Apple yesterday won a court battle against Australian reseller group Buzzle and its liquidator Andrew Wily.
Wily and Buzzle had sued Apple for around $50 million, claiming that it had acted as a "shadow director" and was therefore responsible for debts the company had incurred while it was insolvent.
Buzzle Operations was comprised of seven separate retailers which banded together in 2000 to list the company on the Australian Stock Exchange, hoping to raise $100 million in capital. The group had hoped to achieve efficiencies by the merger. However, the company never made it to float after the business failed.
Apple was a secured creditor for the individual retailers, advancing stock on credit. With debts owing, it had interest in the resellers' plans to merge and had been included in discussions. It had stipulated certain conditions it considered necessary for the merger if it were to continue its stance as an equipment vendor advancing stock on credit. The group had also wanted to lengthen the amount of notice Apple needed to give if it decided to stop providing products.
Because of these conditions, and because Apple had appointed KPMG to look into the group's accounts, Buzzle alleged that Apple had been a relevant party in the organisation and was liable for the debts incurred when Buzzle became insolvent. According to the court, this occurred at the end of 2001, before Wily had been appointed as liquidator.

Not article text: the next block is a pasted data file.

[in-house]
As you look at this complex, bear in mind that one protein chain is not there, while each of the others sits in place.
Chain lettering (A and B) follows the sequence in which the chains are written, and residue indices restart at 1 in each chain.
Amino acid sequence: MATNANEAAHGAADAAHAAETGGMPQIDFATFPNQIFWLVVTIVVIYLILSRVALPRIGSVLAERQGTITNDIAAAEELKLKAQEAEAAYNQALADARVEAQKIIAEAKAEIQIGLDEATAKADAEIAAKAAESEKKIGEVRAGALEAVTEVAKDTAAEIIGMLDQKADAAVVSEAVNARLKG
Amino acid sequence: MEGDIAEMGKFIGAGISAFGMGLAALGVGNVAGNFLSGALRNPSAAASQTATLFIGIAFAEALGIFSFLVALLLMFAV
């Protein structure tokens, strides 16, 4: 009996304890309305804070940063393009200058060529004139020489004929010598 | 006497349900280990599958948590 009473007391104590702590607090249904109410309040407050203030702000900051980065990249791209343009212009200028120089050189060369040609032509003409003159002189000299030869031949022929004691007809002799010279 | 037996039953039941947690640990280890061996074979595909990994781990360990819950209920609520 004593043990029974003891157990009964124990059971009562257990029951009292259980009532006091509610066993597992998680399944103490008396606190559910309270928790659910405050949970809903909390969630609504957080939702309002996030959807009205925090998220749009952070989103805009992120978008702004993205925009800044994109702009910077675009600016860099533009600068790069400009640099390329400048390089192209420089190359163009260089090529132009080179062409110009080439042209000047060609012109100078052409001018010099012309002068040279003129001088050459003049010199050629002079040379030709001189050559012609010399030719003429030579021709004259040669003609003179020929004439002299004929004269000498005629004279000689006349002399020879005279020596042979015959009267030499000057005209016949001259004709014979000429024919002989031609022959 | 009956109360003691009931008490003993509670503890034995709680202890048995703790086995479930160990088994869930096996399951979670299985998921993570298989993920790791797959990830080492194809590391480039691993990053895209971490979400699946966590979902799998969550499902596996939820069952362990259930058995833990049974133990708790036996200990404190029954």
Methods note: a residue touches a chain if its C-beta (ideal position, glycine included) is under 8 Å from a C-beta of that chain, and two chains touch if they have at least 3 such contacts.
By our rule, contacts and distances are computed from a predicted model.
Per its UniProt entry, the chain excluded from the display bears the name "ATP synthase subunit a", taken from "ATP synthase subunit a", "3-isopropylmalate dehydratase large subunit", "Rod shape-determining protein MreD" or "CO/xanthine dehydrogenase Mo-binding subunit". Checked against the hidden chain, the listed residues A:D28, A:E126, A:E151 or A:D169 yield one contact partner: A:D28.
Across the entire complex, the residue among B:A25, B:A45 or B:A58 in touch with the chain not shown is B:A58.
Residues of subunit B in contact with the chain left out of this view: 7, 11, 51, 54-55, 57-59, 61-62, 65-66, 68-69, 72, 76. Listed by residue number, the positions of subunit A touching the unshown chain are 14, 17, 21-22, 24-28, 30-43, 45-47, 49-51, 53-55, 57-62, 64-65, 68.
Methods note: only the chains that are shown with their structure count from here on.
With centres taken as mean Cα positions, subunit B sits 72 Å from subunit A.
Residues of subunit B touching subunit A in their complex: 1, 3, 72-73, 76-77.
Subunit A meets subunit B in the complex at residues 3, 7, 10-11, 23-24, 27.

However, Justice Richard White ruled that this was not the case.
"I do not consider that Apple made or participated in the making of any of the alleged decisions said to affect the whole or a substantial part of the business of Buzzle," he said.
Buzzle had also claimed that certain payments made to Apple were not valid because Apple had been aware of the company's insolvency. The judge did not consider that to be true.
"[Apple] received the payments in good faith and without reasonable grounds for suspecting Buzzle's insolvency," he said.
The company reportedly owed $30 million to creditors at the time of collapse. According to the judgement, the debt owed to Apple as of 18 December 2000 was $24.7 million. Between 1 January 2001 and 30 March 2001 the plaintiffs said that Buzzle incurred debts to Apple of $6,551,208, which remained unpaid.
The case could have ramifications for other companies acting as secured creditors for resellers, providing a precedent which suggests that the creditor is not to be considered as a relevant party acting in the organisation.
Apple declined to comment on the victory. Andrew Wily had yet to return requests for comment at the time of publication.